Edible Gifts Part 3 - Anise Biscotti with Almonds

Image of Almond Anise Biscotti on a saucer with a cup of coffeeThere are some things I'd rather leave to the experts; lawn care, computer maintenance and making biscotti are among them.

These twice-baked cookies have been around for centuries and most cultures seem to have their own version. They were the treat of explorers and the working-class because of their resistance to spoiling. The second baking makes the cookie a little harder, dryer and, therefore, long-lasting.

My sister, Laura, makes a biscotti that begs to be enjoyed with a cup of coffee. If you're like me, you've probably enjoyed the biscotti offered at coffee houses; those big, sweet, crumbly cookies. Well, these are different; they're much more like the traditional biscotti I found in Italy.

Laura's recipe gives a nod to that traditional dense and crunchy cookie, but appeals our modern taste with a surprisingly simple variable: slivered, not whole, almonds. Slivered almonds are smaller and are better incorporated throughout the cookie. The biscotti are still crunchy, and "dunk-able" but the almonds allow them to yield when you take a bite. The flavoring is also different than most commercially made biscotti. They have plenty of sugar but they don't strike me as particularly sweet. If you like a more traditional biscotti, or are a fan of anise, this one's worth a try.

Many thanks, sis, for sharing the recipe, providing the pictures and giving us these important tips:  When it comes to extract, use the pure stuff - anything else is an assault to biscotti everywhere.
The dough is dense, so a stand mixer will make the process much easier. 

Yield: Approx 30 cookies
Time: 2 Hours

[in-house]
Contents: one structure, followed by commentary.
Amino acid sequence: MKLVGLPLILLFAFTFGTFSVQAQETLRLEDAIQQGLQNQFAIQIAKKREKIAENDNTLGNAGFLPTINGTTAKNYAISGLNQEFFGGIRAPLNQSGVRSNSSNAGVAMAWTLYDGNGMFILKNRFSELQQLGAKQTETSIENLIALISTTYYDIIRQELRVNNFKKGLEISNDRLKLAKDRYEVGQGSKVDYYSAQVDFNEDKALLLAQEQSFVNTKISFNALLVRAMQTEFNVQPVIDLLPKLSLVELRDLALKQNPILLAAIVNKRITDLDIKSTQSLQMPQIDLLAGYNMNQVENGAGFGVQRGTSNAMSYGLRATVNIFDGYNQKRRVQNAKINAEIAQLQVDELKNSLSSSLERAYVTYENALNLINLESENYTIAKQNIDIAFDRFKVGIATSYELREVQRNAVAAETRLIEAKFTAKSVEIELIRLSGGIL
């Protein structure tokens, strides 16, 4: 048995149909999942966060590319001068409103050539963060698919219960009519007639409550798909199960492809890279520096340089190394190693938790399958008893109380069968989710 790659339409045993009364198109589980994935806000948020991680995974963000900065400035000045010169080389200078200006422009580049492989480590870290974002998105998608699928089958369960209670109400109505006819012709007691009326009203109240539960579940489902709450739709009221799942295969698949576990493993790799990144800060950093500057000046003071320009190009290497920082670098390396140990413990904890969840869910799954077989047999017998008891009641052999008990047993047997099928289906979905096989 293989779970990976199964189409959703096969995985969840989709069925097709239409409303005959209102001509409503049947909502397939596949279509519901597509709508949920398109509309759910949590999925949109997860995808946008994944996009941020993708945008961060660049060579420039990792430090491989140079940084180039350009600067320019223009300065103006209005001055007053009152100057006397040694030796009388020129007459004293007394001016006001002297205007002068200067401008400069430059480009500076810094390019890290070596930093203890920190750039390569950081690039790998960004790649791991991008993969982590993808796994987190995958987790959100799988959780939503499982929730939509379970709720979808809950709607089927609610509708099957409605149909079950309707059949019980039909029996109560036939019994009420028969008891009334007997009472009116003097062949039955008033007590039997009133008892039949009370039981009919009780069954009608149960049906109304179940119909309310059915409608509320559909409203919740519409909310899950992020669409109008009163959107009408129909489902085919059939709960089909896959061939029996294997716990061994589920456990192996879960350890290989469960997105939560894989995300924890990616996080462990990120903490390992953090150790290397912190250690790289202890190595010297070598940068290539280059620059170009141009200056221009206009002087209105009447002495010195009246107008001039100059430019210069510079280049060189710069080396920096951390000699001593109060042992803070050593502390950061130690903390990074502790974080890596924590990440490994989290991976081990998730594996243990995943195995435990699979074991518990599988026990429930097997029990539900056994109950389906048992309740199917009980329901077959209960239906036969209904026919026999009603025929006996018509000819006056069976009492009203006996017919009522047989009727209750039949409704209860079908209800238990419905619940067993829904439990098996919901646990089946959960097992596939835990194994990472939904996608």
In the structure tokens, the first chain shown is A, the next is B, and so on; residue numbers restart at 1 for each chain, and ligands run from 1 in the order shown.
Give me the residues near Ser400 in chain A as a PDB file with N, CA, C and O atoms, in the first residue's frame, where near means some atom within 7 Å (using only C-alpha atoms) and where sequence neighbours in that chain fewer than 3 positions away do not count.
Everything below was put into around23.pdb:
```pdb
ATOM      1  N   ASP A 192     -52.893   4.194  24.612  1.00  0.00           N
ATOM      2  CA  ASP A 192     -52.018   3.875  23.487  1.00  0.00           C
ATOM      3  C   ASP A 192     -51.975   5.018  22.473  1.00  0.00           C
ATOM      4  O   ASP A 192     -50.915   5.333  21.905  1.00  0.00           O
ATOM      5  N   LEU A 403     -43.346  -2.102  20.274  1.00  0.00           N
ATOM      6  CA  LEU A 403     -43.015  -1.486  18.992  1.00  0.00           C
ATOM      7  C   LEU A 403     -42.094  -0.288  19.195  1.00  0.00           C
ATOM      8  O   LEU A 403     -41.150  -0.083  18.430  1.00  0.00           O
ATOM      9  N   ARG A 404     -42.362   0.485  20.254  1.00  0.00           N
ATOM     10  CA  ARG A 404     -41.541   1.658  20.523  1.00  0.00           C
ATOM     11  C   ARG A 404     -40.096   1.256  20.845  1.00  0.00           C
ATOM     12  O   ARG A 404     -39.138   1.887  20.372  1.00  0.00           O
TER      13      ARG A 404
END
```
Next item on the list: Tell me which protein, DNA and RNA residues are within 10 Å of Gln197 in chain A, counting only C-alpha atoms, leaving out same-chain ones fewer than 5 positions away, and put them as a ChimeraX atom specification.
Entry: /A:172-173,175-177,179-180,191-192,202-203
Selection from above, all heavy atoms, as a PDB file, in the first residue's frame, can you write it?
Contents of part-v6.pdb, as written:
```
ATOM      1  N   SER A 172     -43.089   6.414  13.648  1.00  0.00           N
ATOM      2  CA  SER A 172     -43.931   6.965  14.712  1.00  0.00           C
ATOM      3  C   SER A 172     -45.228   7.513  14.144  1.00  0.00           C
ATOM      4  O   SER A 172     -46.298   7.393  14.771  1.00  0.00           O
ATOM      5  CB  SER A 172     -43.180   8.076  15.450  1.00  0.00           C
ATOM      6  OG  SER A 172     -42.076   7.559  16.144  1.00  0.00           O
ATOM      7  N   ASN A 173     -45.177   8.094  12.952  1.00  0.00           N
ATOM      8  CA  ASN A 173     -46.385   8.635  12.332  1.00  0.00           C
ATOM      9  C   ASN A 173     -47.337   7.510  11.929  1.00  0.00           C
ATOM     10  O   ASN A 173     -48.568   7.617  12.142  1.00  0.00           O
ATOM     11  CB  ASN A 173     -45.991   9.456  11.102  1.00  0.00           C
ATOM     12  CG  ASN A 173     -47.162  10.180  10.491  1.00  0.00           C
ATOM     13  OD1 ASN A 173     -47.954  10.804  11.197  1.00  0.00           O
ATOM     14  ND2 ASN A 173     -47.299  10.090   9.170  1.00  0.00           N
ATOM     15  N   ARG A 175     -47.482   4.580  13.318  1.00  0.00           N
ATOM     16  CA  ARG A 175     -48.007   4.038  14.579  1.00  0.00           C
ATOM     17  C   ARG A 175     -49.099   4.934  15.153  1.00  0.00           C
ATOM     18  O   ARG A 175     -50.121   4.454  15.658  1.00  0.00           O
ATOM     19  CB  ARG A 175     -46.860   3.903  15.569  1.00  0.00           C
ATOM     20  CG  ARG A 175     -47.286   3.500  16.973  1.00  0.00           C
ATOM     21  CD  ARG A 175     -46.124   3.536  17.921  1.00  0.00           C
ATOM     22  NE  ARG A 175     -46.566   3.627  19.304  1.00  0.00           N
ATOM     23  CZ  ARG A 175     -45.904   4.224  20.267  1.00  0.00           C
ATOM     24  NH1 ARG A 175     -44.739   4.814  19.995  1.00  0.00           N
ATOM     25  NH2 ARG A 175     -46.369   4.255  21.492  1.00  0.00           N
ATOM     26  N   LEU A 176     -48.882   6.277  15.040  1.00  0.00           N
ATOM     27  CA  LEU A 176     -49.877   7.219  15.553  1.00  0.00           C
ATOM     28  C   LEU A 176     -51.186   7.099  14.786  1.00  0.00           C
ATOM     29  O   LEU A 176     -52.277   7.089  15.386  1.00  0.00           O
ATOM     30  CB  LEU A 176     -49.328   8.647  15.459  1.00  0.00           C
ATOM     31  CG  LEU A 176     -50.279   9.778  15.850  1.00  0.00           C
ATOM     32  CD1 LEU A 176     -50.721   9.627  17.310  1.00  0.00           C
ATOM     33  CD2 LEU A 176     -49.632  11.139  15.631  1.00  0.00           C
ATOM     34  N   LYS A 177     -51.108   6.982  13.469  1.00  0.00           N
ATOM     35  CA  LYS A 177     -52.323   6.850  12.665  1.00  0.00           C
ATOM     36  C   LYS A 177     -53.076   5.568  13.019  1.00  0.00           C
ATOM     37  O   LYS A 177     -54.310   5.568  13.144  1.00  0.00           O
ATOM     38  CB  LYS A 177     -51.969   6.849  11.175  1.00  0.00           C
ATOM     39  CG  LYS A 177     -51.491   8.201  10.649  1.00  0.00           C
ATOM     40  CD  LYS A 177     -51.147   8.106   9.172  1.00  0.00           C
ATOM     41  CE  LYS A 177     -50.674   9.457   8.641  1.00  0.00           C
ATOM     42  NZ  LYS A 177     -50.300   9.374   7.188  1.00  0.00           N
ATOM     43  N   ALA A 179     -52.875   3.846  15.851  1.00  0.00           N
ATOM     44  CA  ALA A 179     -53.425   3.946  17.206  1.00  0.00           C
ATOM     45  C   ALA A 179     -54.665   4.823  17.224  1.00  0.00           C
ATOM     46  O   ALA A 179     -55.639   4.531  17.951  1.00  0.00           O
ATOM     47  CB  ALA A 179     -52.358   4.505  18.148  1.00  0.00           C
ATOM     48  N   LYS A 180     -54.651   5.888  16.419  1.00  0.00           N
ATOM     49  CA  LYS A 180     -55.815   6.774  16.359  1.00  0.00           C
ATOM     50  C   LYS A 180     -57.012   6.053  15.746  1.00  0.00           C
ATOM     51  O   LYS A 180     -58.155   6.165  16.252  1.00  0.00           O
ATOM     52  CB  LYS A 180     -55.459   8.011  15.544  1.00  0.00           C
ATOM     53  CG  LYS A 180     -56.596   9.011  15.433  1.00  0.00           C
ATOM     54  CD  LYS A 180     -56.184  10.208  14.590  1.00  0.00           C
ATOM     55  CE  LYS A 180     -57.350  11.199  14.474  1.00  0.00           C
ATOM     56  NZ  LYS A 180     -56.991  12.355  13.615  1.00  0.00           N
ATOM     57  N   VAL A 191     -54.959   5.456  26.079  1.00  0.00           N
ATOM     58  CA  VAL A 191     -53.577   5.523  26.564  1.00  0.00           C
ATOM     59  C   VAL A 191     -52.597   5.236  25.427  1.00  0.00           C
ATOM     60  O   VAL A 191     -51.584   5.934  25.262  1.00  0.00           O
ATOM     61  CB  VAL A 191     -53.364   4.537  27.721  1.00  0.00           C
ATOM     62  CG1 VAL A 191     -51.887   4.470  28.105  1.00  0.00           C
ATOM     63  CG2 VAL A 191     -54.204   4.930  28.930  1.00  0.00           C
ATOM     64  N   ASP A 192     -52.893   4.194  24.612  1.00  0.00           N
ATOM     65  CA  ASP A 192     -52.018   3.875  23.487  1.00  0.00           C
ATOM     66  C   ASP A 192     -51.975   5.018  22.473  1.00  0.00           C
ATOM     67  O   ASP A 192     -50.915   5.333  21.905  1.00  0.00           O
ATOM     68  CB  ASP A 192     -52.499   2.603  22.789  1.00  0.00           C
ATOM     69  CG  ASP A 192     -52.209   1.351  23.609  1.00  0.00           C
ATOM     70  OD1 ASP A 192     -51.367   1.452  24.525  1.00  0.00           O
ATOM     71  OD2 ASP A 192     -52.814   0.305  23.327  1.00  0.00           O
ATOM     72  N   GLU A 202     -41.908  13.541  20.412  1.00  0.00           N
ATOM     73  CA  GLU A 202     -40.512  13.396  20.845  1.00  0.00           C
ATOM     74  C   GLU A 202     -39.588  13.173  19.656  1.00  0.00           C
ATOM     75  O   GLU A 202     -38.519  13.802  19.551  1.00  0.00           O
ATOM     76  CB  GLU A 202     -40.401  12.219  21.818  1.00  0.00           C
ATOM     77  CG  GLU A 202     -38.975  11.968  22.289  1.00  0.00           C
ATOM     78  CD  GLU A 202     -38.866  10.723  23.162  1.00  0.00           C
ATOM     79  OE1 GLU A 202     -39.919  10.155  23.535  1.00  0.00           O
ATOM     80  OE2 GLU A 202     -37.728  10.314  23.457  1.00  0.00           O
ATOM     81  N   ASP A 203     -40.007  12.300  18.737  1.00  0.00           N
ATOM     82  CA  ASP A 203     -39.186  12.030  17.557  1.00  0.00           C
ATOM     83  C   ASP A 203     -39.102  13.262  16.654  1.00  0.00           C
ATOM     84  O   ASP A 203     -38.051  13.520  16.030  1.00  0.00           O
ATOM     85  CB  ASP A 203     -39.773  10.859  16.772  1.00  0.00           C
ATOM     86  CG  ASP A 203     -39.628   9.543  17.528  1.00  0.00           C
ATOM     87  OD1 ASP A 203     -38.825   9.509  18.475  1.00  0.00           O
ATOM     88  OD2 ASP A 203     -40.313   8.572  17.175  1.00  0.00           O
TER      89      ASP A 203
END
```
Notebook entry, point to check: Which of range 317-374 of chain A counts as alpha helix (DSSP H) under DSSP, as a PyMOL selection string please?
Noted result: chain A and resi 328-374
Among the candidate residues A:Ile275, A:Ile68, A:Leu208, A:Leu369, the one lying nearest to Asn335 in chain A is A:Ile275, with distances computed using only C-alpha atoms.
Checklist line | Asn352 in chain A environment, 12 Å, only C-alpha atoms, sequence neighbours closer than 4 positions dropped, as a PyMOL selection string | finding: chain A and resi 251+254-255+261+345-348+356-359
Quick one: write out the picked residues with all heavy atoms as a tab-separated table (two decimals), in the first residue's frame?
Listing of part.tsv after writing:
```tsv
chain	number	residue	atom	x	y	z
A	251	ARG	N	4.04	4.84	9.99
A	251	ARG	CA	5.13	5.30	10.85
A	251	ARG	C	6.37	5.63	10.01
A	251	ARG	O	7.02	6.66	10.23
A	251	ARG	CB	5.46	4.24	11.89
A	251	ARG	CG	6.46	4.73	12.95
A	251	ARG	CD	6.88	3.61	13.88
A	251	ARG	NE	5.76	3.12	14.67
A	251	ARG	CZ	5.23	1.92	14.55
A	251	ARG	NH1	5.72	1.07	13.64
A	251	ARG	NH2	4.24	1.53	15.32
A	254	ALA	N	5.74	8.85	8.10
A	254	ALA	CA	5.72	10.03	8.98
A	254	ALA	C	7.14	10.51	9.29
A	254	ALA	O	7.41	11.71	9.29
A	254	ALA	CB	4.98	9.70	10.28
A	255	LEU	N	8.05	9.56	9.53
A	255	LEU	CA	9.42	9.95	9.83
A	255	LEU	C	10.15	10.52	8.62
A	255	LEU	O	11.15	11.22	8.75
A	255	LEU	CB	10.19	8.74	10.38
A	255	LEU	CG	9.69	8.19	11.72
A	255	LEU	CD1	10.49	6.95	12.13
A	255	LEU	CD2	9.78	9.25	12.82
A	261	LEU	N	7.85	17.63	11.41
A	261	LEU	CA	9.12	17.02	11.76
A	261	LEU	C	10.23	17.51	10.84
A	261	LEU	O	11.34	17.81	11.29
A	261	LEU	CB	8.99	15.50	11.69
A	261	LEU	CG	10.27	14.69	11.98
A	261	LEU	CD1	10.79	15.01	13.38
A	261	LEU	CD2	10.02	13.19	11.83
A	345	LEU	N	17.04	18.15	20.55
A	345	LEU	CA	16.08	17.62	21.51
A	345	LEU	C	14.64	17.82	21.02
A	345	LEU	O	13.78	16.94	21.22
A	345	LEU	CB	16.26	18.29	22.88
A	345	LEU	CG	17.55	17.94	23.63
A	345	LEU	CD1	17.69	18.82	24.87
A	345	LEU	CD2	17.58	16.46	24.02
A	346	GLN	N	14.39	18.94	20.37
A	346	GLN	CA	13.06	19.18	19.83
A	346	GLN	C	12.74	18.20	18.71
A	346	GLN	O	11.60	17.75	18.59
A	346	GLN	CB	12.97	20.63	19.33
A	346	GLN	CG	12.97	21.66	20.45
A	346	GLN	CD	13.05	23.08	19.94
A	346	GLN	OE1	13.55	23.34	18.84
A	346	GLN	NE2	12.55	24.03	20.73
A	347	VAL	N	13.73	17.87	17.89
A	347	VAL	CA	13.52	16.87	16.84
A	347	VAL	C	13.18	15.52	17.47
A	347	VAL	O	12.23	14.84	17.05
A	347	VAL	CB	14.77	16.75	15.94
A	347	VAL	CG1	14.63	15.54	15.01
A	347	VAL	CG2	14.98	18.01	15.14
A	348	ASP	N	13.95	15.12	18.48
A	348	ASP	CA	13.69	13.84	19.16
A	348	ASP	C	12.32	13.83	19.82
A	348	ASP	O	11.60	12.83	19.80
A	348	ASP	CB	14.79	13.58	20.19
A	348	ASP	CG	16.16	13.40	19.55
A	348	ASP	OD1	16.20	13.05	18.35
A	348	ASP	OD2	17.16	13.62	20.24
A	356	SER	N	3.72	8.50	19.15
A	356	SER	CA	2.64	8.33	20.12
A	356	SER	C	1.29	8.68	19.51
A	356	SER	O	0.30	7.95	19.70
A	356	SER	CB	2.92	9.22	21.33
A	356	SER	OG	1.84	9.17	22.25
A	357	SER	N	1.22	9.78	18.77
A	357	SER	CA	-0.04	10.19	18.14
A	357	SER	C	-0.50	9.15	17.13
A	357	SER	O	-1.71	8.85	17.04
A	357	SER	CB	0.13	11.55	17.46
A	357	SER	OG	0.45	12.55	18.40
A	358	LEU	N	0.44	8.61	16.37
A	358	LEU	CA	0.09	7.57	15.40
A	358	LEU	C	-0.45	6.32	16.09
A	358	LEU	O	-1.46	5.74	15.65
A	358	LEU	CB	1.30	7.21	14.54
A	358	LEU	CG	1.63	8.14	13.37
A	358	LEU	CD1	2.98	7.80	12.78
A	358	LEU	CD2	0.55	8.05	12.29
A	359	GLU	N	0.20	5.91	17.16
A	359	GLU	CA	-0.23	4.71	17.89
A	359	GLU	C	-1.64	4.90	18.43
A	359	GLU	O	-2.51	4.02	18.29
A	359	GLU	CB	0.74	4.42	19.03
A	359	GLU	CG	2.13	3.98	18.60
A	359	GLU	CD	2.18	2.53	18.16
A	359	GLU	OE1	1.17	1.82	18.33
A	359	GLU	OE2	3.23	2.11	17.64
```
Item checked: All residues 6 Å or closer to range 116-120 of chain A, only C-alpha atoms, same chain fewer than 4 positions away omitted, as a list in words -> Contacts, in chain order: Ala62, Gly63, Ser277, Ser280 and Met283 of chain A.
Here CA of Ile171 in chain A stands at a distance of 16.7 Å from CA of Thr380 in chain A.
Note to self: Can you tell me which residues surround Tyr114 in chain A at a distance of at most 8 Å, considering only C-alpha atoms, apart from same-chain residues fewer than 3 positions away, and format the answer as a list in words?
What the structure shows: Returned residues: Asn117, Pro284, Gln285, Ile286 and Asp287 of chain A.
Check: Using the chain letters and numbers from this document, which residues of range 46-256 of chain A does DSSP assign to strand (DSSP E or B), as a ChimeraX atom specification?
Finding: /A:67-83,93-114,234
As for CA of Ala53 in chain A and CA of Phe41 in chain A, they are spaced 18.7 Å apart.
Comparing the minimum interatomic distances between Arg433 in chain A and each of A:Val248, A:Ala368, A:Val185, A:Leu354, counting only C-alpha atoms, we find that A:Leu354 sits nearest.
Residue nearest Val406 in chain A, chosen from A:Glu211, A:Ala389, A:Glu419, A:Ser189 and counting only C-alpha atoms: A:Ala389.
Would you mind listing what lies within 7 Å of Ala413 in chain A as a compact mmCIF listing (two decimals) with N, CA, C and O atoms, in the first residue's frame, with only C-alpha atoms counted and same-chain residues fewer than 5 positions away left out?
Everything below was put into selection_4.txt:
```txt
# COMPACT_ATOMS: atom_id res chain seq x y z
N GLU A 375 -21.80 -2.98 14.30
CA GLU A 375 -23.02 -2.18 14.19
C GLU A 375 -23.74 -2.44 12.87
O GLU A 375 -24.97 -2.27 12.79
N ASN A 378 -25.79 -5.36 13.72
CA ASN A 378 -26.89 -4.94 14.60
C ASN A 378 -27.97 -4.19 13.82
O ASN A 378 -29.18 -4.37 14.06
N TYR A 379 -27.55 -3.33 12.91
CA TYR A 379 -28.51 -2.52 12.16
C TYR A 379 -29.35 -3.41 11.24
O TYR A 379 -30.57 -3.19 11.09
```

Level: Average

13 tbsp (3/4 cup + 1 tbsp) unsalted butter
1 cup sugar
1 tsp Pure Anise Extract
2 medium eggs
2 2/3 cups all-purpose flour
3/4 cup raw slivered almonds
1 medium egg (beaten)
1/4 cup turbinado sugar crystals

Preheat oven to 375 degrees.

Almond Anise Biscotti in the mixing stageCream the butter and sugar together on low speed in a mixer fitted with a paddle attachment. Add pure anise extract. Mix to blend. One at a time, add 2 of the eggs, and mix each until just blended. Scrape the bowl between egg additions to keep the mixture consistently blended throughout. From this point on, you will want to be careful not to over-mix the dough. Add flour and mix until incorporated. Add slivered almonds and mix until just distributed. Turn out dough onto a lightly floured surface and divide into two equal parts.
Image of Biscotti right out of the oven
Roll into logs the length of a cookie sheet.
Beat the remaining egg. Brush the surface of the logs with the beaten egg and sprinkle with turbinado sugar. Bake for 30 minutes. Remove from oven and lower oven temperature to 300 degrees. Allow the biscotti to cool enough so you can handle them.
Slice into 1/2" slices, but keep them side by side and upright. Place on cookie sheet and separate slightly. Return to oven and bake a second time for 30 minutes. Remove from oven and allow to cool. Cookies will become crisper as they cool.

1 comment:

  1. I LOVE giving edible or homemade gifts. It's so much more personal. This year I made my own cards and I had a great time doing it (I'd been too busy the last few years). I'm definitely doing it again next year and I want to make my own gifts, too.